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Tenzin Peljor

Tenzin Peljor

Tibetan buddhist monk (ordained by H.H.Dalai Lama), Geman national and resident, Berlin. . Multiple times appeared in interviews on Buddhism and featured in social media and traditional radio/tv in Germany. Graduate of the FPMT’s Masters Program in Buddhist Studies (Italy), Graduate of the Mindfulness Teacher Certification Program by Dr. Tara Brach and Dr. Jack Kornfield (USA).
After a pre-diploma in computer science at the Humboldt University (Germany, Berlin), post-gradual study of Theater Education at the University of Arts (Germany, Berlin). The first job was at a private school to support kids to regulate their aggression and anger via theatre projects. Subsequent similar jobs in educational or psychological environments (e.g. individual case and family helper, pedagogical staff member drug prevention). Buddhist monk and local and international teacher based at Tibethaus Germany (Frankfurt) leading different Buddhism in-person and online study programs and meditation programs in German or English. Developing and running a successful program for kids (age 8-11), training Emotional regulation and Emotional intelligence and mindfulness (“Be strong inside”, , together with Anthropologist Dr. Josefine Raasch. Work in prison with prisoners since 2000.

  • Strengthen the Mind Towards Resilience with Buddhist Psychology: How to Cultivate the Healthy Qualities of the Mind and How to Regulate their Antidotes

    Co-Presented with Nicole Haubitz

    Buddhist psychology supports basically four main tasks (efforts, skt. Vīrya) for mental growth: 1) to prevent the initial development of destructive mental states (which have not yet manifested in the psyche), 2) to abandon the destructive mental states that have already manifested, 3) to cultivate constructive mental states (initially create healthy mind resources), and 4) to maintain such constructive mental states (strengthen the healthy mind and subsequently build up resilience by doing so).

    Much of the Buddhist psychology regarding the treatment of destructive mental states (see 1) and 2) above) has been researched and found their ways into secular therapeutic settings and methods. A key method, the application of mindfulness, is nowadays widespread researched, applied and understood and is the needed basic skill for schematherapy to detect modes (mode awareness). Furthermore the non-judgemental attitude towards the sheer existence of destructive mental states (acceptance) has also found its way into psychotherapy and schematherapy (acceptance of the biographical creation of EMS, and the corresponding modes in the present such as inner critic and a more nuanced approach towards it such as using self-compassion as its antidote and acceptance that the self-destructive critic inner-voices probably wont be diminished completely).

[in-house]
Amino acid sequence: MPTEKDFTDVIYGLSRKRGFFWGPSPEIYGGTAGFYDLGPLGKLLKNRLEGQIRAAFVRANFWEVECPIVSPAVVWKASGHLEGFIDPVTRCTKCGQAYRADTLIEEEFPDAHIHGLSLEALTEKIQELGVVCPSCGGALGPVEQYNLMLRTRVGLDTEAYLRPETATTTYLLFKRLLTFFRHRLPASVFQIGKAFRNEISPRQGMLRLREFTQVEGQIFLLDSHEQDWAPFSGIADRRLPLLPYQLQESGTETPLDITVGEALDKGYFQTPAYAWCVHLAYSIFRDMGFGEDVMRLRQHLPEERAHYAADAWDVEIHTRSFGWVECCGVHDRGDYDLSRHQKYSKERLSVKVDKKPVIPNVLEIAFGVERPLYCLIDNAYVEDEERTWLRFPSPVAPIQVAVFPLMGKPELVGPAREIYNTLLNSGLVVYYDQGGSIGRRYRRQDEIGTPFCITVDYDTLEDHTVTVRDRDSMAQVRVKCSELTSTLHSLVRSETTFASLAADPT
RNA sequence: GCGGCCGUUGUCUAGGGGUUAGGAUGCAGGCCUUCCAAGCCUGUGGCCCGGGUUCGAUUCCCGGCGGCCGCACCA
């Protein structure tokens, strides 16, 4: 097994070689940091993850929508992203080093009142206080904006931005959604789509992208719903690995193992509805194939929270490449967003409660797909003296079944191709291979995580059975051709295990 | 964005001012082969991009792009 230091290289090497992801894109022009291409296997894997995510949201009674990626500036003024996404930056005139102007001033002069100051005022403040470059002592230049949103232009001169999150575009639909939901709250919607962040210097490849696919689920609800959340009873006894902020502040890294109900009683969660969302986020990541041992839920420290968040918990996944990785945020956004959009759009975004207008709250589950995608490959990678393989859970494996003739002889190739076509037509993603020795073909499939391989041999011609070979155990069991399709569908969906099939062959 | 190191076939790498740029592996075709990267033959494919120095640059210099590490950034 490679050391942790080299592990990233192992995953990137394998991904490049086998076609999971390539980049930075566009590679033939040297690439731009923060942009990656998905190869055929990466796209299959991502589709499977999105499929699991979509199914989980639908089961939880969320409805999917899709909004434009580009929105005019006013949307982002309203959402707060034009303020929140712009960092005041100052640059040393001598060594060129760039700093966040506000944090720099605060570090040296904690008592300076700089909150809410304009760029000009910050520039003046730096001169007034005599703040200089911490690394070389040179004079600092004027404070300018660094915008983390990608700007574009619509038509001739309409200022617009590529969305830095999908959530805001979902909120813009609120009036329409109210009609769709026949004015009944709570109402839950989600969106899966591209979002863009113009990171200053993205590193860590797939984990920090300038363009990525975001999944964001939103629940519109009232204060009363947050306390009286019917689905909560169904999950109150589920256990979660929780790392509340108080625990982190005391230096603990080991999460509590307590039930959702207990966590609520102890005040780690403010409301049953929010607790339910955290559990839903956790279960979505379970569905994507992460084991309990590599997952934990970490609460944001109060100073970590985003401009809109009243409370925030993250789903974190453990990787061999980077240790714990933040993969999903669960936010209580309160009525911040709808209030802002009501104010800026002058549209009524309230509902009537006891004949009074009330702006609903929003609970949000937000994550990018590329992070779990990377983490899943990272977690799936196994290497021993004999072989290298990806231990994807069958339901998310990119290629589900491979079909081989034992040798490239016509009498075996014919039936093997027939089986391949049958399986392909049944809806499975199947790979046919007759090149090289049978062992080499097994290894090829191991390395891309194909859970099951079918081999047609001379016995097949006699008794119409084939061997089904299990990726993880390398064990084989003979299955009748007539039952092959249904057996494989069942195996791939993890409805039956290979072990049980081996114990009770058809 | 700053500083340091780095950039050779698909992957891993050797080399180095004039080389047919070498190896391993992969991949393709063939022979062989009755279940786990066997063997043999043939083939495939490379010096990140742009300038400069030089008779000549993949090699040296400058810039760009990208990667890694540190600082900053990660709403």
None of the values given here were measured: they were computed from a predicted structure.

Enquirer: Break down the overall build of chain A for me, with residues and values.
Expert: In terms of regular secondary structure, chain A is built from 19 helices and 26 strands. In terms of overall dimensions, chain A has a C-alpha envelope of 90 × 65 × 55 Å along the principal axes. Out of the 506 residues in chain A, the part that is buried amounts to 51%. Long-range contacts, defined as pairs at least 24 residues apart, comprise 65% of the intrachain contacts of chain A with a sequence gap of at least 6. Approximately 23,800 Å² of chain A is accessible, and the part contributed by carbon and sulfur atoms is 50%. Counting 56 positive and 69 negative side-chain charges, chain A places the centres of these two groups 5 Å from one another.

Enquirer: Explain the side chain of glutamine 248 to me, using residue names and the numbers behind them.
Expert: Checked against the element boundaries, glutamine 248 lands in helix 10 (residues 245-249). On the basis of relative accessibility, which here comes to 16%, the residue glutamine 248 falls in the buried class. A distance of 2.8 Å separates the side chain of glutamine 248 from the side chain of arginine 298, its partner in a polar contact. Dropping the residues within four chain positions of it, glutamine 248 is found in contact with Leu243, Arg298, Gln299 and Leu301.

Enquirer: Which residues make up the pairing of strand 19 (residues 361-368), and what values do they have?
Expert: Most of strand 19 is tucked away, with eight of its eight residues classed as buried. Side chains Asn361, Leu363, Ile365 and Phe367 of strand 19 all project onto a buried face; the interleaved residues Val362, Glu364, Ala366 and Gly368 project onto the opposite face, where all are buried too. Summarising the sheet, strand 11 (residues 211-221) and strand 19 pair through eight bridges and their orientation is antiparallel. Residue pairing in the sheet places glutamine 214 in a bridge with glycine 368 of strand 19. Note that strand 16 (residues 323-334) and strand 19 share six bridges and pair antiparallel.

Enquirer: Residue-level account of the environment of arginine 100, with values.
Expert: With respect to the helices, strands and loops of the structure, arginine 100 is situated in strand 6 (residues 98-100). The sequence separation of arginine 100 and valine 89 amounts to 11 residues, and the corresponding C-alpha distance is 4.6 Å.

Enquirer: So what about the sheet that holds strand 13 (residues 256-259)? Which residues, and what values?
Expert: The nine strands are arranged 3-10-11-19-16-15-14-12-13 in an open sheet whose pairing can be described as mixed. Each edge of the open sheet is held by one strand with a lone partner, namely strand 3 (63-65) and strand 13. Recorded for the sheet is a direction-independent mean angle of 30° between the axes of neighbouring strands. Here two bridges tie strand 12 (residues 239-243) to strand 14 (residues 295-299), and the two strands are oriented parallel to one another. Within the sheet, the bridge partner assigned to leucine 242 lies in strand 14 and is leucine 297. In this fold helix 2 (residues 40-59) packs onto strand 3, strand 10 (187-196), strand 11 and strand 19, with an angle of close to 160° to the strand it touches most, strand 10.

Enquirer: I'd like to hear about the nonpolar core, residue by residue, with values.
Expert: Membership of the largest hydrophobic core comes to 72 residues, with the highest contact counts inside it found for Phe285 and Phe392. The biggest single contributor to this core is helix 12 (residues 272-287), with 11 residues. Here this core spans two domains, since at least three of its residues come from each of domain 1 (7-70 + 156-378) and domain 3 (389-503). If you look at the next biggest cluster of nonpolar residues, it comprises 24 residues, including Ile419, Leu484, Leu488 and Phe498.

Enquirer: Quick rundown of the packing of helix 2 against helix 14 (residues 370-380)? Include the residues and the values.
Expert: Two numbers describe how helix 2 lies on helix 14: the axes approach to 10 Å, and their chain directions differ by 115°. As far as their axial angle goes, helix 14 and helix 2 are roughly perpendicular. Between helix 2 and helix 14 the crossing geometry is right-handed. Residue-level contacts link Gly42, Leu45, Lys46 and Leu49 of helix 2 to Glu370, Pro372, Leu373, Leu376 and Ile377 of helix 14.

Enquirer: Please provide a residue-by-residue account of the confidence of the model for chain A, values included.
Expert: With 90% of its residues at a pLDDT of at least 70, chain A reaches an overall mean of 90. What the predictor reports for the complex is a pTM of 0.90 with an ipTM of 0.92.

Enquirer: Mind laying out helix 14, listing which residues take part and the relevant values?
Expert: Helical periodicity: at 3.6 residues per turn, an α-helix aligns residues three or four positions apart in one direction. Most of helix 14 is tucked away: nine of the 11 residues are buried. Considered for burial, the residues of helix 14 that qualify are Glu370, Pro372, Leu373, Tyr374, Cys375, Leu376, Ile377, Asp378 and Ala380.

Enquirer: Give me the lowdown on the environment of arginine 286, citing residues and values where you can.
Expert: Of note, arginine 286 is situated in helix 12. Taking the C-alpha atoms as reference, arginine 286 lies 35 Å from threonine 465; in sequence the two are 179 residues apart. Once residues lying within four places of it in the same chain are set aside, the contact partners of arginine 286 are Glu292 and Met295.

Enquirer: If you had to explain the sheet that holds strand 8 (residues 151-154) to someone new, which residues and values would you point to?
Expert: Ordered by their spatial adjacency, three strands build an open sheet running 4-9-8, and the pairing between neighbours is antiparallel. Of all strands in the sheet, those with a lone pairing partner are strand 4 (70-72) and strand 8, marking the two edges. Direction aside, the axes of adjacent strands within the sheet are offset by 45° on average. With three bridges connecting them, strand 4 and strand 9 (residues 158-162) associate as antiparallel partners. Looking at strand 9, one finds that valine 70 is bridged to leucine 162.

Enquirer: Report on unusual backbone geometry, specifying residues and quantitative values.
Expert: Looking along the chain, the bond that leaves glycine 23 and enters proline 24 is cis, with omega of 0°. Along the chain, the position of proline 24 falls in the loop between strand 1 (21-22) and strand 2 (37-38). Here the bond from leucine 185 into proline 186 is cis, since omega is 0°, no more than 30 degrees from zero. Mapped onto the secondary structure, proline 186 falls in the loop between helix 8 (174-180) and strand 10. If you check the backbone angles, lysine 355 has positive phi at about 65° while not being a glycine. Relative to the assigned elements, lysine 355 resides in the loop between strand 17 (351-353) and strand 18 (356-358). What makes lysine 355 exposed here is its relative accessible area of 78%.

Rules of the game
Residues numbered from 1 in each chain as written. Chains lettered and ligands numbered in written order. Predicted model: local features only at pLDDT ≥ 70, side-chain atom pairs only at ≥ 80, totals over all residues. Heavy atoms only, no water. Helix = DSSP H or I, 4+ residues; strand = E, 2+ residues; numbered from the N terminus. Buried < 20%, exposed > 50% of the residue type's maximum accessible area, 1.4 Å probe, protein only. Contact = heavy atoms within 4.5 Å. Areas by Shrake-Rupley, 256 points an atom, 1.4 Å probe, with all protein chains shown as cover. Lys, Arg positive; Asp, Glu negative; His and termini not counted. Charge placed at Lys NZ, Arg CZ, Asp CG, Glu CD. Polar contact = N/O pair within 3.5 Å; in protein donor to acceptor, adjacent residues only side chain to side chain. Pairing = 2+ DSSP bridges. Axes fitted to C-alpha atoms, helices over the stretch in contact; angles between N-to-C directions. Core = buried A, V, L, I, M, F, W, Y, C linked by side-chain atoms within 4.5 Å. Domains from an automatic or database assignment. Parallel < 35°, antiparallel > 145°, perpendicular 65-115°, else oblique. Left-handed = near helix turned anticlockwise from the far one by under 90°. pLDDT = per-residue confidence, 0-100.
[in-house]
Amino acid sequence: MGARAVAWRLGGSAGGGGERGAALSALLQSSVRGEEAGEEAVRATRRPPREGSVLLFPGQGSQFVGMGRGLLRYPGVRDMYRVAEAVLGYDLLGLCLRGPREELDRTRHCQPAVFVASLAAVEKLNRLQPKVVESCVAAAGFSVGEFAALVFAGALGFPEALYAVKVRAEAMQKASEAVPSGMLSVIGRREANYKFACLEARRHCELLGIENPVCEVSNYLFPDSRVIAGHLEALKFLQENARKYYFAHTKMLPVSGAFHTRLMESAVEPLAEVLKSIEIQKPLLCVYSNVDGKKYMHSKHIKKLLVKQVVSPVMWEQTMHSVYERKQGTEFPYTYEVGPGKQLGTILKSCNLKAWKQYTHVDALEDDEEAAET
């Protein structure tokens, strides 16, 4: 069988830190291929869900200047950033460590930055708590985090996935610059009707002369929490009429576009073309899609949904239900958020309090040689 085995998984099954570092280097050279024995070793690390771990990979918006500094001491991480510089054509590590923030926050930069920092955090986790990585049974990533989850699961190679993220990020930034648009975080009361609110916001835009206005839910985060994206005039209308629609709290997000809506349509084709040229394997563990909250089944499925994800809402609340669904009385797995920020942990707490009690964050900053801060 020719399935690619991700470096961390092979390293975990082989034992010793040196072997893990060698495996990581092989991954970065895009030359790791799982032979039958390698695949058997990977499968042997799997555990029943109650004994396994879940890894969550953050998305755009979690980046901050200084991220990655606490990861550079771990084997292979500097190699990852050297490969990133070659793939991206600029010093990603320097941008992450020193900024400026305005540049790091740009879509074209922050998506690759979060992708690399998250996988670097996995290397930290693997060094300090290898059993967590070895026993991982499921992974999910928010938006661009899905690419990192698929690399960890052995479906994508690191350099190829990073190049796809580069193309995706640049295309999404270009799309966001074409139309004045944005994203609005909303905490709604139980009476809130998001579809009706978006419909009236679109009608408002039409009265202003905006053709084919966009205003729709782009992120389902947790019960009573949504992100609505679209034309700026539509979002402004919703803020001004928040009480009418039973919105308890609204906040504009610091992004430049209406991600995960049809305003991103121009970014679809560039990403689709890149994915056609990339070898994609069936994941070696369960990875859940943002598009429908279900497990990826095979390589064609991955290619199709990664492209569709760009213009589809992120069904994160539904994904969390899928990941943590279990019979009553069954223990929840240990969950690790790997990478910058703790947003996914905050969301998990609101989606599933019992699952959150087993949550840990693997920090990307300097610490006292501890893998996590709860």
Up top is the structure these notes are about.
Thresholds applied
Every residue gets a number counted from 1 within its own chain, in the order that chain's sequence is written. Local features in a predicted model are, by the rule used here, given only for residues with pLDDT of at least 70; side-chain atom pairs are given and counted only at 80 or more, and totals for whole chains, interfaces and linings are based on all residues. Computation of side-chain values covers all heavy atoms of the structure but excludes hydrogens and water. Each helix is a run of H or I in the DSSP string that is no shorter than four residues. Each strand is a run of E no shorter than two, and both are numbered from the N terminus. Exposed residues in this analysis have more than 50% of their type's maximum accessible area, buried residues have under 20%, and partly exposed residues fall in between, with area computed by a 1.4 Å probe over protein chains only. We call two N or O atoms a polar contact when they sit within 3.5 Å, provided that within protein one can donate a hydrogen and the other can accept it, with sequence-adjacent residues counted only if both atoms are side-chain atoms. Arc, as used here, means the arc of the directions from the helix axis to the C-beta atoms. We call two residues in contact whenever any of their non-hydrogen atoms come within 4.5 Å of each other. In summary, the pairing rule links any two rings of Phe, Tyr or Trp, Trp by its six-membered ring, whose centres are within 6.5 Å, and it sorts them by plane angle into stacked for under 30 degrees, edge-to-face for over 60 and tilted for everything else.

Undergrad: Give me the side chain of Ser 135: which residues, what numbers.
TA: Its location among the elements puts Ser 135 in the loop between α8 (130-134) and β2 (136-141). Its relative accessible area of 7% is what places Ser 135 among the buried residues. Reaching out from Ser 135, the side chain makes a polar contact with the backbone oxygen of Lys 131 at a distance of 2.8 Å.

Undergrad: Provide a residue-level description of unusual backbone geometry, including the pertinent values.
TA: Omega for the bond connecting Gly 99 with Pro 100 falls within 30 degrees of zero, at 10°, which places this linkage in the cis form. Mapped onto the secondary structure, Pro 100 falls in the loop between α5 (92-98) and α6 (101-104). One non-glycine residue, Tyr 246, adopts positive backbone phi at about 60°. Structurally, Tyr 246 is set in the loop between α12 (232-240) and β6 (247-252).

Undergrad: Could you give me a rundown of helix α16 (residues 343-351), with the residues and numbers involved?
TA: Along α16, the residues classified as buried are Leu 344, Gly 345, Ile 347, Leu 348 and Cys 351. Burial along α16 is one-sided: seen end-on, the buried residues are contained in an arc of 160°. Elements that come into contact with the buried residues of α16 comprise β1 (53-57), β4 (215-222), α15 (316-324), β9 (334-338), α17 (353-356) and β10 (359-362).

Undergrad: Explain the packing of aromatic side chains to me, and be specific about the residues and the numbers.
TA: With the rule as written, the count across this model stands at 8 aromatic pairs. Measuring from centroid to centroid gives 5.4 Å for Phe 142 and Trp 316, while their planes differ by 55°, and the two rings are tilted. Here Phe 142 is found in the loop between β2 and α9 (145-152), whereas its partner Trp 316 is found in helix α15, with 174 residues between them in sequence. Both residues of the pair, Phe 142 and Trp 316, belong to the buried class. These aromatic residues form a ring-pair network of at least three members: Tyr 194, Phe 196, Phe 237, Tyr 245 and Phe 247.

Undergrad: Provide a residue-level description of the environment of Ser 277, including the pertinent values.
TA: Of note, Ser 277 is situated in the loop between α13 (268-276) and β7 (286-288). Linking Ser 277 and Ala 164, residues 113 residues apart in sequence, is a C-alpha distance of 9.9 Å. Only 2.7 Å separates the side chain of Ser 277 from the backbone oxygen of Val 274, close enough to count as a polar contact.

This skill class will furthermore present the “positive” interventions derived from buddhist psychology focusing on the initiation and the cultivation of healthy modes: the constructive mental states (in Buddhist terminology called “wholesome mental states”), i.e. 3) and 4) from above. There is a fast variety of these. Some of these constructive mental states have been researched, e.g. compassion or gratitude and are continuously applied in therapeutic settings. But what about other constructive mental states, such as joyfulness towards others which increases ones own well-being? The antidote to rejoicing is envy. How can one arouse, cultivate, or even increase the former, a capability to rejoice in the good fortune of self and others, and regulate and decrease the latter, envy? Is this even a worthwhile endeavour? How can one cultivate playfulness and cheerleader-attitude in social settings? And what is the antidote?

    This presentation will offer a selective list of possible constructive mental states (and their antidotes) useful in schematherapy practice and how they can be transferred in interventions for mode work and ultimatively building up and strengthen the healthy modes. The buddhist knowledge has been acquired empirically by people who have used their life to cultivate their minds, to look inwardly with a high level of introspection. The presentation is not aimed to convince but rather to offer new perspectives on mind strengthening opportunities and methods. The knowledge is rooted in the Abhidharma (skt.) teachings of Buddhism and is of great practical value. Most of the recent “en-vogue” mindfulness-based psychotherapy methods like ACT, MBCT (Mindfulness-based Cognitive Therapy), DBT or CFT (Compassion-focused Therapy) are implementing this buddhist knowledge. The understanding and the original methods to cultivate the mind can be applied very well in a secular context in psychotherapy and especially in schematherapy to build up and strengthen the healthy modes and minimize the dysfunctional modes.

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